One of my favourite a samskrita shlOkas goes like this:
आकाशात् पतितम् तोयम् यथा गच्छति सागरम् ।
सर्वदेव नमस्कारः केशवम् प्रति गच्छति ॥
ಆಕಾಶಾತ್ ಪತಿತಂ ತೋಯಂ ಯಥಾ ಗಚ್ಛತಿ ಸಾಗರಮ್ |
ಸರ್ವದೇವ ನಮಸ್ಕಾರಃ ಕೇಶವಂ ಪ್ರತಿ ಗಚ್ಛತಿ ||
AkAshAt patitam tOyam yathA gachchati sAgaram |
sarva dEva namaskArah kESavam prati gachchati ||
Just like all the water falling from the sky reaches the ocean,
Whichever God you wish to pray, it reaches him, the Almighty.
All roads lead to VaikunTha. Or if you care, All roads lead to Kailasa. Or let me be less sectarian by simply saying “All roads lead to Heaven”. Since it is December, and I want to phrase that differently. “All roads lead to Mylapore”. Yes. Mylapore. The Heaven. Musical Heaven.
You got it. If it is December, then it must be Madras. And if it is Madras, it must be Mylapore. Every December, this is the Kashi of Karnataka Sangeetha every Rasika wants to be at. If you are a classical music fan, then visit you must.
Chennai, Chennapattinam, Mylapore, Mayilai.. Hey- What’s in a name? A Rose is a Rose is a Rose – Call it by any name. Did you say a Koovam is a Koovam is a Koovam? Alright. The musical fragrance of Madras during December can even compensate the stench of a thousand Koovam rivers!
It was much more than a decade a ago, but still feels like yesterday. Running from Sabha to Sabha. Taking the Pallavan Bus service. Walking. Biking. Riding my Luna. Mylapore Fine Arts to Music Academy to Alwarpet to Adayar Ananthapadmanabhaswami Kovil to Vani Mahal in Tirumalai Pillai Road to the Tirupati Temple in Thiagaraja Nagar. Mylapore was the center of this universe. I went to every place I could afford to go. Time? It was ample, for I was still a student, and could cut classes at will 😉 I was fortunate enough to spend two winters in Madras. Er…- To be politically correct, I think I should call it Chennai now 🙂
I just can’t forget the day I set foot in Madras. It was on my birthday in late July. Mid- monsoon in my opinion. It was raining in all over south Karnataka. Overcast skys and puddles of water everywhere on the streets. Having lived at 3000 ft above sea level most of my life till then, I had no clue how miserable I would be at this place that was to be home for next two years. It was not for nothing my hometown was called the ‘Poor man’s Ooty’. The moment I got down on the platform at Chennai Central, I thought I was doomed to come to this burning furnace. To add insult to injury, there was the all -pervasive smell of Koovam (which I became aware of in my next hour or so!) Just to think of my next two years in this place was far from a pleasant experience.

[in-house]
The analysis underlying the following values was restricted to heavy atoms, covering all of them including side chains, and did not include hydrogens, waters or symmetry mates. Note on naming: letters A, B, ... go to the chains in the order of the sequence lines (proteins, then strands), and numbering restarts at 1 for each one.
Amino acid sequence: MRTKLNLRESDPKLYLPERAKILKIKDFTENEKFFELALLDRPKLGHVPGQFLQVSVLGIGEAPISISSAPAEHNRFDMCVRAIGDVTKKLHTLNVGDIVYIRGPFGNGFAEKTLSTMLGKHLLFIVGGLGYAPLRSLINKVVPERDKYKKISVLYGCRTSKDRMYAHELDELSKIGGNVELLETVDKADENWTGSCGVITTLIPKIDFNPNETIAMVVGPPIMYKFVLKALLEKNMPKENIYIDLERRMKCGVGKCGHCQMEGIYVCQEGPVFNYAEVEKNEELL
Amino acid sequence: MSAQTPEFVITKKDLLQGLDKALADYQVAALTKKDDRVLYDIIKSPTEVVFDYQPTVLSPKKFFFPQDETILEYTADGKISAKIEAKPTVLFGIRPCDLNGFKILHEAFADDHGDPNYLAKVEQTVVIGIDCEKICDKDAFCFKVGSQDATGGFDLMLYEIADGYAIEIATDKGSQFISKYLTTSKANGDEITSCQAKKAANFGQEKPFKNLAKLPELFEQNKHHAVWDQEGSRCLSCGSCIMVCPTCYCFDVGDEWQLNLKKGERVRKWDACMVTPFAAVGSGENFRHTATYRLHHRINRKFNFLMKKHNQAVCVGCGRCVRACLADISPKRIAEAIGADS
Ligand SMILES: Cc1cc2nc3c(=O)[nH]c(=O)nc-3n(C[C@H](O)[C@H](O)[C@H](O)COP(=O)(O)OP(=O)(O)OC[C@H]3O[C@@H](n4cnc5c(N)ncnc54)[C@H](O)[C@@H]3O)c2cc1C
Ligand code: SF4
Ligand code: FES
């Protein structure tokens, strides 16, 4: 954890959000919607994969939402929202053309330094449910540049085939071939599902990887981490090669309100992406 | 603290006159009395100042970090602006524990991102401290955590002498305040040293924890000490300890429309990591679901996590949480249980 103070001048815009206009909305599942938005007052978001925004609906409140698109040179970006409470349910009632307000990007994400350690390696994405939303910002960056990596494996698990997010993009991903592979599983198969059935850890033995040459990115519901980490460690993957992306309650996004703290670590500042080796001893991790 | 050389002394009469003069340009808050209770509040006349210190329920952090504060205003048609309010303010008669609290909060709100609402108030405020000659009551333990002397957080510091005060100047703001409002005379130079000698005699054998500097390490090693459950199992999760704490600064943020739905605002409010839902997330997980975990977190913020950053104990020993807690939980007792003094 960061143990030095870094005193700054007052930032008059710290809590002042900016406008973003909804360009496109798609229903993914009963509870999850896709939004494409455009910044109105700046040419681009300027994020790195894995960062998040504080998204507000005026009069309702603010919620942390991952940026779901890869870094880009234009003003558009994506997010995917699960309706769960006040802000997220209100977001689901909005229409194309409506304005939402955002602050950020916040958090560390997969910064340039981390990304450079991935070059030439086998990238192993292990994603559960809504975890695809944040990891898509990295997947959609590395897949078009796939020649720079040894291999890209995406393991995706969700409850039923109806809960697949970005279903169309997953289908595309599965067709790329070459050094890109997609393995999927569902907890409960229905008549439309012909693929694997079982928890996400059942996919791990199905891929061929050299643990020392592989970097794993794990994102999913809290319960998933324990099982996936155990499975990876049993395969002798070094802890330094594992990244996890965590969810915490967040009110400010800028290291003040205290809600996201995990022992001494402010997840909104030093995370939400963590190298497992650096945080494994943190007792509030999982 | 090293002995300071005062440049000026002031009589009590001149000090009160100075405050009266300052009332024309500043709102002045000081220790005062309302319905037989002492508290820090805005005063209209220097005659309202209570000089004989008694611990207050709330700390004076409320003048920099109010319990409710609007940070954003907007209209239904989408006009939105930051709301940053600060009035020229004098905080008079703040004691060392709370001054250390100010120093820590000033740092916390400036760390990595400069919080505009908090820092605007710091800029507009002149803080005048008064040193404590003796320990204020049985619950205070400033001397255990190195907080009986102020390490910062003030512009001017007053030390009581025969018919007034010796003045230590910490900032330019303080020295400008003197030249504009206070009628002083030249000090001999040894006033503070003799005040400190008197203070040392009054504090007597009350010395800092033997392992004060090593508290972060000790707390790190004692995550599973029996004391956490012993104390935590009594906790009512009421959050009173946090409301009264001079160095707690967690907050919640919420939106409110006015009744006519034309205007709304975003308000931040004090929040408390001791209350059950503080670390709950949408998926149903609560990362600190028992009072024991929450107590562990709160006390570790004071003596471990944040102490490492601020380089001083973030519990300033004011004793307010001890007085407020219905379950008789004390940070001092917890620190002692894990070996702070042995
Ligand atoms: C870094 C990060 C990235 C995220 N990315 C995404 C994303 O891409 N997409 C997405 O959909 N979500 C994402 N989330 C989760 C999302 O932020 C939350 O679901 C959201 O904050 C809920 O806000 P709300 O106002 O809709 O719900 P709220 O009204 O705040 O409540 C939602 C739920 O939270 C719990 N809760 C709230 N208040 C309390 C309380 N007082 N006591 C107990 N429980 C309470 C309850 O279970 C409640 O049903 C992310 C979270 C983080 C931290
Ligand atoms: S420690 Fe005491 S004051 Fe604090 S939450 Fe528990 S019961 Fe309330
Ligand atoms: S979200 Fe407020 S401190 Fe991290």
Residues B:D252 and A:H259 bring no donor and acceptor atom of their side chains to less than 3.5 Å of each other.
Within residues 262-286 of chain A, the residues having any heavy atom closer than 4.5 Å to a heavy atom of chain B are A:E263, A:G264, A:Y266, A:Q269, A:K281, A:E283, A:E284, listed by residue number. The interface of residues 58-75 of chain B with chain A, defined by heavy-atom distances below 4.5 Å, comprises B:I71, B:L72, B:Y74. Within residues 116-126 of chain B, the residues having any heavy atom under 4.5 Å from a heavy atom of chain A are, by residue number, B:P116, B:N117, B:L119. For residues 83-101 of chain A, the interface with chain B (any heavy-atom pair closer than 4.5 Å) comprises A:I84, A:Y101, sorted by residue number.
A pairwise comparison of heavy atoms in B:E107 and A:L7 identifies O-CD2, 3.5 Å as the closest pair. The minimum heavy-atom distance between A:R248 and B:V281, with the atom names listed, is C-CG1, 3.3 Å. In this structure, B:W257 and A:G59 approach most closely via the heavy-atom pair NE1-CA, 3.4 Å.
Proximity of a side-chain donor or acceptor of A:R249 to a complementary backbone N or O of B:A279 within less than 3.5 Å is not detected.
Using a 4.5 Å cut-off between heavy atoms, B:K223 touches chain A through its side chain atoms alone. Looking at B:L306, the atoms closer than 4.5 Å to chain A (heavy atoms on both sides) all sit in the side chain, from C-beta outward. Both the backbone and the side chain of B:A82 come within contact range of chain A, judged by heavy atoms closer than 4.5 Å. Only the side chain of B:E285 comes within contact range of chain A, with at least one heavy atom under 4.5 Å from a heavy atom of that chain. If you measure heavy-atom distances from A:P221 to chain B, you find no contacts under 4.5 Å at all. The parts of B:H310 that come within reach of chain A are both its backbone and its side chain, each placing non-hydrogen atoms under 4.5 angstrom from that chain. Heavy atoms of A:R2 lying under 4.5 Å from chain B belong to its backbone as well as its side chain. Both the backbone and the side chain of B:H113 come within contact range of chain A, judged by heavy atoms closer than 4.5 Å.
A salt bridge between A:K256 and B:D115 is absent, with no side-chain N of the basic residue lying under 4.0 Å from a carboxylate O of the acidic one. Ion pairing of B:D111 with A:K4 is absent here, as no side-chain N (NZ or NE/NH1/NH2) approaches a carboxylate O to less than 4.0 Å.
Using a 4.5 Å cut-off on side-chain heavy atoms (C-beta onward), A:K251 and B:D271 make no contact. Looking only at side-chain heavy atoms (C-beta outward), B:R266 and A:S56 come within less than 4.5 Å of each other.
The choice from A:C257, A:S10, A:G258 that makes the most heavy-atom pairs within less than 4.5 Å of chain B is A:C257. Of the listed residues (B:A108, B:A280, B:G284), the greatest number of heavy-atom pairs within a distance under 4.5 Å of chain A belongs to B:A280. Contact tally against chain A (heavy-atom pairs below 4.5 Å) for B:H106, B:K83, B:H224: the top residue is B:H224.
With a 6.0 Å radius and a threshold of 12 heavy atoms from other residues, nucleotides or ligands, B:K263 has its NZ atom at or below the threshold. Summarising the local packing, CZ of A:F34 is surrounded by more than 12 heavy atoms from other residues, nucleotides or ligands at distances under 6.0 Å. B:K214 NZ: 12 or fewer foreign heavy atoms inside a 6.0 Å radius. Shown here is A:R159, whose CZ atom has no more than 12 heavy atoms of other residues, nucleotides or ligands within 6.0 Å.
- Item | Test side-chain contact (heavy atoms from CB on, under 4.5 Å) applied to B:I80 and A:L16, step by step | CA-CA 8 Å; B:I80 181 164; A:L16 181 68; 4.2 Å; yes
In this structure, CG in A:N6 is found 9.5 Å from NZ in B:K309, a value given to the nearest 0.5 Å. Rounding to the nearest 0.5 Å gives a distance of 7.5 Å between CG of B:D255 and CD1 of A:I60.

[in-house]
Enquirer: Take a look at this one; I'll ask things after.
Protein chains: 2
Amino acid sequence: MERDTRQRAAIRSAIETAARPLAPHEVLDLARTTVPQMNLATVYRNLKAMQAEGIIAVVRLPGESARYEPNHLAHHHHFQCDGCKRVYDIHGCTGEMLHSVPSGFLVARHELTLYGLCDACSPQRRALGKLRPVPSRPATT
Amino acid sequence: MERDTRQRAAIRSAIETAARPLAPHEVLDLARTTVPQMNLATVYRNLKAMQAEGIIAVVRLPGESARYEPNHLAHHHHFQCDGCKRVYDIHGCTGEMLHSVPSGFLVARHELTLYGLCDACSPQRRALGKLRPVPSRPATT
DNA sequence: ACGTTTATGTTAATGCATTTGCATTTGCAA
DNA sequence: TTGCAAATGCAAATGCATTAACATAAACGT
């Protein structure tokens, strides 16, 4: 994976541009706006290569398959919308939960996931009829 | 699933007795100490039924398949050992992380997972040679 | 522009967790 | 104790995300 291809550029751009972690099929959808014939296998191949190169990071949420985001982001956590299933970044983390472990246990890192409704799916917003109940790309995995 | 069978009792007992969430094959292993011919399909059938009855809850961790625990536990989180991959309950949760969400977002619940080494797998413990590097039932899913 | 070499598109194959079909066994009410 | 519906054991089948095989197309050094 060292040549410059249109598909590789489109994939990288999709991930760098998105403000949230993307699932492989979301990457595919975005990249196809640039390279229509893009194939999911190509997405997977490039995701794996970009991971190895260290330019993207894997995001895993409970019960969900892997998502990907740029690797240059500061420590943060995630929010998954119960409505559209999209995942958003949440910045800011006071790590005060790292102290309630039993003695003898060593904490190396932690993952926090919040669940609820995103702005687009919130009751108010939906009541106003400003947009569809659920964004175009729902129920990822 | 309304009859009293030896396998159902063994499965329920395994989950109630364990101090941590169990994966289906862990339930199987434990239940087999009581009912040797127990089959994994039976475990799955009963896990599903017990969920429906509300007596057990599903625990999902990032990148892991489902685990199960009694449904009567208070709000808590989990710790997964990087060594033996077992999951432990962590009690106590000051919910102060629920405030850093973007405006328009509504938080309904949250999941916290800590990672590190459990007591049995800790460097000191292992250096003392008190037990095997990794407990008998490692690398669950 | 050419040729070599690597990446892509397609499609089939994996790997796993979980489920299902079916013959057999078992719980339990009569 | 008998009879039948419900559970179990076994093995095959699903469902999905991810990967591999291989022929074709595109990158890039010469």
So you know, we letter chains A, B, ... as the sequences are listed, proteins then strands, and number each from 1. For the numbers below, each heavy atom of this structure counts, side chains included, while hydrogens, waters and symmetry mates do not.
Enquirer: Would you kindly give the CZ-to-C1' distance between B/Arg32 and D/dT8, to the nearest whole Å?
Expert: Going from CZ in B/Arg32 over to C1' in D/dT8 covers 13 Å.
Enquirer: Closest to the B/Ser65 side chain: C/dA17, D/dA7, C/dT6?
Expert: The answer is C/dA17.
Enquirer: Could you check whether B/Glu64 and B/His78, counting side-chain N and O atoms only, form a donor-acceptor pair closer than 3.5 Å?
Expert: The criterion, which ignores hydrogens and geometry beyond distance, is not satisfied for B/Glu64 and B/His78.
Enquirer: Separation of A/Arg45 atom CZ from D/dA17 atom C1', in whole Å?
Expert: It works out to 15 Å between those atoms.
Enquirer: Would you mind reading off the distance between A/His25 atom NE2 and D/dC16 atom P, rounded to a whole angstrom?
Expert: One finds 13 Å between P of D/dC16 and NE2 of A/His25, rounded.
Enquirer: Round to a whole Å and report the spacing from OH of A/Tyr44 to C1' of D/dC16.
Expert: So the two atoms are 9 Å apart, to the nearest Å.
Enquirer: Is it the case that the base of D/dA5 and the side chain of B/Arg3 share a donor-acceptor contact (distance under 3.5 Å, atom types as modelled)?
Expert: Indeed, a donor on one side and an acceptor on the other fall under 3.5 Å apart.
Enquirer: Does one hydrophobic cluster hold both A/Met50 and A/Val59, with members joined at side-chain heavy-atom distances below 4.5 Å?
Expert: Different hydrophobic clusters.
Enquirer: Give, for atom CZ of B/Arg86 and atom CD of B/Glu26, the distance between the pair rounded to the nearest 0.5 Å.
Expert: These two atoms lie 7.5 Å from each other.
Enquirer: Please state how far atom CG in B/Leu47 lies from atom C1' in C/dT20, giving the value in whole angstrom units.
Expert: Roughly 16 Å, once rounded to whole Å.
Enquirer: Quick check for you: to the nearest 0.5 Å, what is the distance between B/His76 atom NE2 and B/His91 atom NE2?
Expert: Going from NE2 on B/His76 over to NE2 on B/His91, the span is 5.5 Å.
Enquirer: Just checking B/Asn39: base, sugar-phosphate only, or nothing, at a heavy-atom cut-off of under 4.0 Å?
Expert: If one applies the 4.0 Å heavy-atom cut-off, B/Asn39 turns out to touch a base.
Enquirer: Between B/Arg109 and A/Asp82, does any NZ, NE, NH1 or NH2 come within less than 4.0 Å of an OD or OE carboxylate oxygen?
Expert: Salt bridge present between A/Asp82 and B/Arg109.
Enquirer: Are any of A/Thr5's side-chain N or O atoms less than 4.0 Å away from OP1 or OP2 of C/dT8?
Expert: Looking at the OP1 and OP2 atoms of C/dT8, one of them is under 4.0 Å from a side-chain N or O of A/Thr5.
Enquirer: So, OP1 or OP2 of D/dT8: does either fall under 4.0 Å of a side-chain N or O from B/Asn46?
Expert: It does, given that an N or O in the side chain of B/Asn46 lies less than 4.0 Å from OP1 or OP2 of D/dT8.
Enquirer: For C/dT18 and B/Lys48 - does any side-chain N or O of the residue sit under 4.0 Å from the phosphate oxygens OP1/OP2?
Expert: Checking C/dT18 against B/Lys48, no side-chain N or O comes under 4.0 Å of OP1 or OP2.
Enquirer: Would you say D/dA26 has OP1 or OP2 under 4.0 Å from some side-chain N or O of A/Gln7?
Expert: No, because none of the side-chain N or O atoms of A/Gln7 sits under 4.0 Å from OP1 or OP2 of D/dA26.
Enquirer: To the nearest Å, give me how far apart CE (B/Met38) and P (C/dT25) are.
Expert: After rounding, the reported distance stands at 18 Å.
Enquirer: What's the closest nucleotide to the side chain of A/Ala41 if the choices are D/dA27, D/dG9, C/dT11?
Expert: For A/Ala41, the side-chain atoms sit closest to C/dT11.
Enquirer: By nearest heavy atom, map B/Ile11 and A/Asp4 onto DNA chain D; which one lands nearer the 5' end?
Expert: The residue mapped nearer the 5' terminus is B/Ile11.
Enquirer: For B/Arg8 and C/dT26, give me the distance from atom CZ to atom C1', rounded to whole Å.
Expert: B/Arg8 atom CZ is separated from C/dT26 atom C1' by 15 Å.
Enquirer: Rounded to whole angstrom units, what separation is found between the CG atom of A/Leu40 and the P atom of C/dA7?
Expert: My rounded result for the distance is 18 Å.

I did recover from the initial shock. Getting busy with coursework. New friends. Listening to Chennai Vaanuli Nilaiyam. Madras radio had lot to offer. A lot of classical music. Much better than good old Akashavani BengaLooru Bhadravati mattu Maisooru. Also there was a new task of learning Tamizh. In no time, not only did I start speaking, but also started reading. Contrary to what I thought, learning reading and writing was not at all difficult. No. I didn’t use the “Learn Tamizh in 30 Days” primer. What were all those hoardings doing there on either side of Mount Road… Sorry Anna Salai? Almost every board was written Tamizh and English (except most Pallavan buses). And Kodambakkam churns out a few movies every week. I did know names of many stars – Kamala Hasan, Rajanikanth, Prabhu etc. Also, the menu at restaurants was not new at all – Idli, Masala Dosa, Rava Dosa, Chutny, Sambar..;-) Those menu cards came in handy too! To make a long story short, in no time I was into pattern matching known names and words. Knowing facts such as Tamizh does have only one non-nasal consonant per row of consonants in Kannada really helped. And few weeks later, my brother got the shock of his life and almost fell of his chair when I started reading credits from a movie we were watching in a theater in Teynampet.
In a few months I discovered Madras had a lot of quality music to offer. Till I went to Madras I hardly knew about ‘the season’. Yea, it is called the Music Season. Every year between in December-January, Madras hosts a lot of concerts in a number of venues. In fact there are so many that you have to be the ‘sarvAntaryAmi’ if you want to attend all the conerts you wish to. Even the extremely sultry Madras weather turns somewhat pleasant to welcome this musical treat. If you have time, and inclination, you can attend concerts to your hearts content. This was where I became so passionate about listening to unheard compositions. Ragas that were unknown to me then. Each one, a treat.
The morning lec-dems at the Academy and Mylapore Fine Arts were a bonus. Not too much crowd there. I remember one program of Vijaya Shiva, where I sat next to a gentleman who arrived in a Luna (or it might have been TVS-50).Vijaya Shiva had sung a wonderful Shuddha Vasanta that day. A year or so later he became the rising star Sanjay Subramanian. He wasn’t so well known at that point of time I think.
I was in Madras for less than two years. And then it was the time to move on. After that I have not even had a single chance to visit the city during the season. But the memories still linger. May be one day, I will go there. Spend the whole month free of everyday worries. Just listening to the divine music. It won’t happen this year. It most likely won’t happen next year. For all I know, it may not happen for another ten years. May not be until kids grow up. May not be until I am into my retirement.
But I am willing to wait for my wish to come true. If wishes were horses, they can take you to heaven some day! To heaven. Musical Heaven. Mylapore.